OTTAWA — Prime Minister Justin Trudeau welcomed Monday an investigation by the federal ethics commissioner into an allegation that his office pressured former attorney general Jody Wilson-Raybould to help SNC-Lavalin avoid criminal prosecution.
And while she has fuelled the controversy by refusing to comment on the allegation, Trudeau said he continues to have “full confidence” in Wilson-Raybould, whom he moved to the veterans affairs portfolio in January.
Moreover, he appeared to suggest she would have resigned from cabinet had she felt she’d been improperly pressured.
“In our system of government, of course, her presence in cabinet should actually speak for itself,” he said following a housing announcement in Vancouver.
The issue has been dogging Trudeau since last Thursday, when the Globe and Mail, citing anonymous sources, said the Prime Minister’s Office leaned heavily on Wilson-Raybould to instruct the director of public prosecutions, as allowed by law, to negotiate a remediation agreement with SNC-Lavalin. That would have allowed the Quebec-based engineering giant to pay reparations but avoid a criminal trial on charges of corruption and bribery in relation to its efforts to win government contracts in Libya.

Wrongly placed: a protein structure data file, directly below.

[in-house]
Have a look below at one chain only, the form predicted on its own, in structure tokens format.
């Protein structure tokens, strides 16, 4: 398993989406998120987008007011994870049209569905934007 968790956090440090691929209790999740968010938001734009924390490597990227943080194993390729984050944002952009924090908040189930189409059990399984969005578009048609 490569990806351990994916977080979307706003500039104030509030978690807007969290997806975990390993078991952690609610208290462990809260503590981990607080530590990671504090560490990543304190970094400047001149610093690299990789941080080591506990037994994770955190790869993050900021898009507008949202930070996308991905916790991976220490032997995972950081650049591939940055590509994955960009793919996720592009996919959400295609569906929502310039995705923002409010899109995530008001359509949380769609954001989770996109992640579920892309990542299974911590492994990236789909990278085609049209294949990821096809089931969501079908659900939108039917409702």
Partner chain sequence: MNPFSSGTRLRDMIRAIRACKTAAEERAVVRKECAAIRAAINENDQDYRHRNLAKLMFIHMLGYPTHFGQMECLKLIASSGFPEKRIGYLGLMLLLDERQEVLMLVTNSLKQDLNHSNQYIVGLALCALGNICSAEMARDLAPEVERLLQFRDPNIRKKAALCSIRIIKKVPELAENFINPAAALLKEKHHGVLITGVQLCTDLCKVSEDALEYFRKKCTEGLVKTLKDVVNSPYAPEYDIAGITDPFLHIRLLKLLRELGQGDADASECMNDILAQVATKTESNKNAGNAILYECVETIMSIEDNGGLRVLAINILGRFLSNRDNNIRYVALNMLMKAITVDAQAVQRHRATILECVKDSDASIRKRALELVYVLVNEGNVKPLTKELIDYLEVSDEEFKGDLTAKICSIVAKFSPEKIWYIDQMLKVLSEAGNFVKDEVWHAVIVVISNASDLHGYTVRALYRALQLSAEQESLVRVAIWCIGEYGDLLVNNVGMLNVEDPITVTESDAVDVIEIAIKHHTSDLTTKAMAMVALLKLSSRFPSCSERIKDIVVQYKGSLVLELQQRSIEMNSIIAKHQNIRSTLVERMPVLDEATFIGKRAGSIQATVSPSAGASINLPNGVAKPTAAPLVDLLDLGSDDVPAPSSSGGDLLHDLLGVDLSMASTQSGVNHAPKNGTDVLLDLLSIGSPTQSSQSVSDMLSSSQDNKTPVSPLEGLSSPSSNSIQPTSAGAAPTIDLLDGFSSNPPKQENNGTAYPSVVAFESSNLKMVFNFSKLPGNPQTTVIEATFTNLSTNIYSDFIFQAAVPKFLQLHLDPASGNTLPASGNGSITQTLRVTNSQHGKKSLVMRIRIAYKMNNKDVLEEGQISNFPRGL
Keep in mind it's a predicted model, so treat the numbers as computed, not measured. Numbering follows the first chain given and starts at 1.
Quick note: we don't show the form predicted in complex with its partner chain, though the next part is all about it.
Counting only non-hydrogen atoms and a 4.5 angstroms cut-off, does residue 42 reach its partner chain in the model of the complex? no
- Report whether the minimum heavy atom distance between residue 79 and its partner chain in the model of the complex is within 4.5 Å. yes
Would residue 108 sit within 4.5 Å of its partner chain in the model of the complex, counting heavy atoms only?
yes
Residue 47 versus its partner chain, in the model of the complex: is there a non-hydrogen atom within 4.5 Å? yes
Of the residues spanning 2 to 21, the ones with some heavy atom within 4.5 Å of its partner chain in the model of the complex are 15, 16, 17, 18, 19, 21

On Monday, ethics commissioner Mario Dion announced that he has launched an investigation into the allegation, saying he has “reason to believe” there may have been a possible violation of Section 9 of the Conflict of Interest Act. Section 9 prohibits a public-office holder from seeking to influence a decision so as to improperly further another person’s private interests.
“We welcome the ethics commissioner’s investigation,” Trudeau said. ”This is an issue that has been much talked about over the last few days and I think it’s extremely important that Canadians can continue to have confidence in our system.”
Wilson-Raybould was not among the British Columbia Liberal MPs who attended multiple events with Trudeau in the Vancouver area. But the prime minister said he’d met with her a couple of times since arriving in her hometown on Sunday and said he continues to have “full confidence” in her.
Trudeau said he respects Wilson-Raybould’s view that she can’t comment on the controversy due to solicitor-client privilege — an issue he said is complicated and on which he’s asked David Lametti, Wilson-Raybould’s replacement as justice minister and attorney general, for advice.
In the meantime, he said Wilson-Raybould “confirmed for me a conversation we had this fall where I told her directly that any decisions on matters involving the director of public prosecutions were hers alone.”
But Conservative Leader Andrew Scheer said it’s “imperative” that Trudeau waive solicitor-client privilege and let Wilson-Raybould speak freely.
“I think it’s time for Justin Trudeau to stop speaking for Jody Wilson-Raybould and let her speak for herself,” Scheer told a news conference in Fredericton, N.B.
“If he’s innocent, if he has nothing to hide, he should waive this immediately.”